There are many ways to handle photoresist on copper surfaces, but the most common way is to heat it and roll it on the surface containing the photoresist. It can also be sprayed on the head in a liquid state, but the dry film type provides a higher resolution and can also make a thinner wire. The hood is just a template for the PCB layer in the manufacturing process.
Before the photoresist on the PCB is exposed to UV light, the hood overlying it prevents some areas of the photoresist from being exposed. These places covered by photoresist will become wiring. Other bare copper portions to be etched after development of the photoresist. The etching process can immerse the board in an etching solvent or spray the solvent onto the board. Generally used as an etching solvent, ferric chloride or the like is used. The remaining photoresist is removed after the etching is completed.
1. Wiring width and current
The general width should not be less than 0.2mm (8mil)
On high-density, high-precision PCBs, the pitch and line width are typically 0.3mm (12mil).
When the thickness of the copper foil is about 50um, the wire width is 1~1.5mm (60mil) = 2A
The public place is generally 80mil, which is more important for applications with microprocessors.
2. How high is the high speed board?
When the rising/falling edge time of the signal is < 3~6 times the signal transmission time, it is considered as a high speed signal.
For digital circuits, the key is to look at the steepness of the edge of the signal, that is, the rise and fall times of the signal.
According to the theory of a very classic book "High Speed Digital Design", the signal rises from 10% to 90% less than 6 times the wire delay, which is a high-speed signal!------ That is, even a square wave of 8KHz The signal, as long as the edge is steep enough, is a high-speed signal, and the transmission line theory is needed for wiring.
3. Stacking and layering of PCB boards
The four-layer board has the following stacking sequences. The following explains the advantages and disadvantages of various stacks:
Note: S1 signal wiring layer, S2 signal wiring layer 2; GND ground layer POWER power layer
In the first case, it should be the best case of a four-layer board. Because the outer layer is the ground layer, it has a shielding effect on EMI, and the power layer is also reliable close to the ground layer, so that the internal resistance of the power source is small, and the best suburban fruit is obtained. However, the first case cannot be used when the density of the board is relatively large. Because of this, the integrity of the first layer cannot be guaranteed, and the second layer signal will become worse. In addition, this structure cannot be used in the case where the power consumption of the whole board is relatively large.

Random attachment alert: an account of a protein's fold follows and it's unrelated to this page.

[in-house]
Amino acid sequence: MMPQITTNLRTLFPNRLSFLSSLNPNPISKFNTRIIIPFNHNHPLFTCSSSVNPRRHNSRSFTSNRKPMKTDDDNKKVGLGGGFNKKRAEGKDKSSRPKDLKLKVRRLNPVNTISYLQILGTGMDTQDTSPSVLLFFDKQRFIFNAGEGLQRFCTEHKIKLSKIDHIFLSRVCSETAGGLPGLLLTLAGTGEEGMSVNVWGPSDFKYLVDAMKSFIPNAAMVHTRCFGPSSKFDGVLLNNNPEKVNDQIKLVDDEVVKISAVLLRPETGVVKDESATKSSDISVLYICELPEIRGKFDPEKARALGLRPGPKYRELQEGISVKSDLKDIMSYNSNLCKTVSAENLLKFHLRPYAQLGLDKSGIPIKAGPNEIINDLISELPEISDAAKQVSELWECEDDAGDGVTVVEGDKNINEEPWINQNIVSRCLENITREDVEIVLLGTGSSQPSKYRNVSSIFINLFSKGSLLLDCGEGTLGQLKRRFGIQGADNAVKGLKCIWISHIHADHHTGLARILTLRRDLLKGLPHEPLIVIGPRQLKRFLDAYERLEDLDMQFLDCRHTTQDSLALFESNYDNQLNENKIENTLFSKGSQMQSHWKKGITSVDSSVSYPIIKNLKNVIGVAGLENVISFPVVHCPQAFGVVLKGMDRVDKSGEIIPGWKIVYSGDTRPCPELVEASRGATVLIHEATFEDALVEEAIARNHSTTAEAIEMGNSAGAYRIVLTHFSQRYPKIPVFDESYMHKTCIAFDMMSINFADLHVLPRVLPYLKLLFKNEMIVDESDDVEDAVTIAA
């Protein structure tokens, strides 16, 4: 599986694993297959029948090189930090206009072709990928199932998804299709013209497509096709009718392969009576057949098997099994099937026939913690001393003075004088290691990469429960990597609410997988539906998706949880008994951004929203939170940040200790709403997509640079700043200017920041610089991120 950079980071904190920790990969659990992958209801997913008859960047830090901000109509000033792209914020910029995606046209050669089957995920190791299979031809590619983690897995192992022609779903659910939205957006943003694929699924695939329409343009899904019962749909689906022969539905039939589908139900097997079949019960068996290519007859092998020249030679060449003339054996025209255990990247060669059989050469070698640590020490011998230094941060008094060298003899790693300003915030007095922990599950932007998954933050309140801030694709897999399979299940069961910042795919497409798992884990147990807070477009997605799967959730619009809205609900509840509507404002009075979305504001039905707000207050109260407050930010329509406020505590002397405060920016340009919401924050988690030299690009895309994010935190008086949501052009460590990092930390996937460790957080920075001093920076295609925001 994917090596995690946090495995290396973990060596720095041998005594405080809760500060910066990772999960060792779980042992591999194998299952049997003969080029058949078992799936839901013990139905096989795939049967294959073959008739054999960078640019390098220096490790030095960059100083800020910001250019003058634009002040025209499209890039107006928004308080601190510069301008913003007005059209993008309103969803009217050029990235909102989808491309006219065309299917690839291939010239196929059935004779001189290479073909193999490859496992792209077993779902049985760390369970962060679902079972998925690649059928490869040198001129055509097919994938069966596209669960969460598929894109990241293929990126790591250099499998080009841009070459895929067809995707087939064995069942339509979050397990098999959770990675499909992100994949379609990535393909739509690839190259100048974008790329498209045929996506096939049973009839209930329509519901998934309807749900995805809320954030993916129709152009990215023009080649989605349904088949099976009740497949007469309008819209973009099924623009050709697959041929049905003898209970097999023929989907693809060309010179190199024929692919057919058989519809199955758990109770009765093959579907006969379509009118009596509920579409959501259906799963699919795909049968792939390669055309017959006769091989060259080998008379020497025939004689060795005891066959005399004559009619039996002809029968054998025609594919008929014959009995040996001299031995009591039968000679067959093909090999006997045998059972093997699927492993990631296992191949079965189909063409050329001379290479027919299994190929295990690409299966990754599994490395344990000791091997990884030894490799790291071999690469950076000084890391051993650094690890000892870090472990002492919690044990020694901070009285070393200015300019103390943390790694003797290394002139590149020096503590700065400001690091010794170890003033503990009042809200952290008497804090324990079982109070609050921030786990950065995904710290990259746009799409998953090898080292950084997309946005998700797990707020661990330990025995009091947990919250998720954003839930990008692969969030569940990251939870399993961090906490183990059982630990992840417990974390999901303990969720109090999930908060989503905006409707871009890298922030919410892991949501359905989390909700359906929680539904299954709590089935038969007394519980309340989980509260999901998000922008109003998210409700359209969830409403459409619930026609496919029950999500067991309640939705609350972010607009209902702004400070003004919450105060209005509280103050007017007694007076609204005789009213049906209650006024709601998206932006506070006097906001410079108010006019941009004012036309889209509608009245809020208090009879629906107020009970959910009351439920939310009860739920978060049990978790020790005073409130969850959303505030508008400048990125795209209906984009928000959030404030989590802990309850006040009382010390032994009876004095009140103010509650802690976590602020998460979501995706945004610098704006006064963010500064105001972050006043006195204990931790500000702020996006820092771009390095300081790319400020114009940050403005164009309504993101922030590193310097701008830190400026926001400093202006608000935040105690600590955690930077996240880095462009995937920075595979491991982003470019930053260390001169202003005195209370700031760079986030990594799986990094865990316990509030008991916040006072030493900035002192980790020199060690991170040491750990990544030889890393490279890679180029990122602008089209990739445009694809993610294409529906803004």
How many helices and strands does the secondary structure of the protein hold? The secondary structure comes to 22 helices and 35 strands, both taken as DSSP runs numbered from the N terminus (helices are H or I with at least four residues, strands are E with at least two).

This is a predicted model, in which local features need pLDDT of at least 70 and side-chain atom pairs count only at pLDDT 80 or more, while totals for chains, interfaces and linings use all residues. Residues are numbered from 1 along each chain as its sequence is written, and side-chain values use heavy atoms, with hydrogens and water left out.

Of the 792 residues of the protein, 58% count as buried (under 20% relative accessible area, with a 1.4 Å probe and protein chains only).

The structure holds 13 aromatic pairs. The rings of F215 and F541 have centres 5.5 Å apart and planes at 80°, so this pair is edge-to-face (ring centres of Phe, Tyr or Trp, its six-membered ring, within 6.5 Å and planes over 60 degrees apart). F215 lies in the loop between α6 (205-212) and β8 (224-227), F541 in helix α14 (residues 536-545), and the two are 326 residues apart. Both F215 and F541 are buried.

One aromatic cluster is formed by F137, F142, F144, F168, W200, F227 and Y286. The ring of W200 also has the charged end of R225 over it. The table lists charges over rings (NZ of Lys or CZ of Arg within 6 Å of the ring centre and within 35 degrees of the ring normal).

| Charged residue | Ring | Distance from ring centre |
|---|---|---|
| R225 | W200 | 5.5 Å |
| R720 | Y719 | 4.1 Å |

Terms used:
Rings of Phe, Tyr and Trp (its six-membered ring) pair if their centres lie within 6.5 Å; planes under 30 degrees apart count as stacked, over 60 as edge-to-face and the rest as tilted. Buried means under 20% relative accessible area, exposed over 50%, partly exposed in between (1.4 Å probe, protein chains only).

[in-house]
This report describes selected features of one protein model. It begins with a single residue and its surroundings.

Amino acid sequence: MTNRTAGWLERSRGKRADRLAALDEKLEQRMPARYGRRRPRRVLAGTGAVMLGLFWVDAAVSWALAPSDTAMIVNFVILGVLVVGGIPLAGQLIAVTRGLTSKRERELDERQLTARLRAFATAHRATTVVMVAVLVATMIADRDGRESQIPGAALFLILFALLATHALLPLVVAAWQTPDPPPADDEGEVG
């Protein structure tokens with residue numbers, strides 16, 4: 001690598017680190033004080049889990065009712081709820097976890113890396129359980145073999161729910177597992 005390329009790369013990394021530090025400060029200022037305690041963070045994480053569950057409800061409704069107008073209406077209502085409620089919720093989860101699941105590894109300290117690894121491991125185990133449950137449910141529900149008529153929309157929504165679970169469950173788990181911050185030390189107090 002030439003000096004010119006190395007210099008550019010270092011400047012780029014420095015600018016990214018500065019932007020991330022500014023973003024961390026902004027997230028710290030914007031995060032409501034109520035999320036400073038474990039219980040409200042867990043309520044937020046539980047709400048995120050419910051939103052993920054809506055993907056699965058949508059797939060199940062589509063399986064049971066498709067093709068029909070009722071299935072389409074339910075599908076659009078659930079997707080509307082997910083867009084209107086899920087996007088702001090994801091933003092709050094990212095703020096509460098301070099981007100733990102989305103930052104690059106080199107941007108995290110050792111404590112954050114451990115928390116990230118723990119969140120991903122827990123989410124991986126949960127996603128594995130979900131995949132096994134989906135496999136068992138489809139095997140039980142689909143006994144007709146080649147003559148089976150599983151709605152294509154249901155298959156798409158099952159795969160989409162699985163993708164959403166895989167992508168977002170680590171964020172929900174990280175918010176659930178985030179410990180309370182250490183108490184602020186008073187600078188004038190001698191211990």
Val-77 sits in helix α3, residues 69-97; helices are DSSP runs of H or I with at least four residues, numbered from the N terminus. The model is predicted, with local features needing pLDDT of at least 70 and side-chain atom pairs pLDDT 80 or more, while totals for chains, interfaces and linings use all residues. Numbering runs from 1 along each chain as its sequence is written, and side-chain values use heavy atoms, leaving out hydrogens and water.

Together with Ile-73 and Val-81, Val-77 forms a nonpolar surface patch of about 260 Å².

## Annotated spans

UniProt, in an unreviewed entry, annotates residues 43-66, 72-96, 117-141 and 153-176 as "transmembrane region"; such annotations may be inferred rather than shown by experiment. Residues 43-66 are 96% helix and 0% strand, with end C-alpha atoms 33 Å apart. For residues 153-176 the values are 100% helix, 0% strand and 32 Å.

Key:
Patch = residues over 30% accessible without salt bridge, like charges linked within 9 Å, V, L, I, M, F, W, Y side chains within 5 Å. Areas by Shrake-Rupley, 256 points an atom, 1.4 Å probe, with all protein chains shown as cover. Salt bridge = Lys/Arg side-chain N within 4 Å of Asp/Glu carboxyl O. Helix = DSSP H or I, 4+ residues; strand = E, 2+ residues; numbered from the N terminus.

The second case is one of the most common ways we usually use. From the structure of the board, it is not suitable for high-speed digital circuit design. Because in this configuration, it is difficult to maintain a low power supply impedance. Take a plate of 2 mm as an example: Z0 = 50 ohms is required. The line width is 8 mils. The thickness of the copper foil is 35 цm. Thus the middle of the signal layer is 0.14mm between the ground and the ground. The formation and power layer are 1.58mm. This greatly increases the internal resistance of the power supply. In this structure, since the radiation is spatial, a shield plate is required to reduce EMI.
In the third case, the signal quality on the S1 layer is the best. S2 is second. It has a shielding effect on EMI. However, the power supply impedance is large. This board can be used when the power consumption of the whole board is large and the board is the source of interference or close to the source of interference.
4. Impedance matching
The amplitude of the reflected voltage signal is determined by the source reflection coefficient ρs and the load reflection coefficient ρL.
ρL = (RL - Z0) / (RL + Z0) and ρS = (RS - Z0) / (RS + Z0)
In the above formula, if RL = Z0, the load reflection coefficient ρL = 0. If RS = Z0 source reflection coefficient ρS = 0.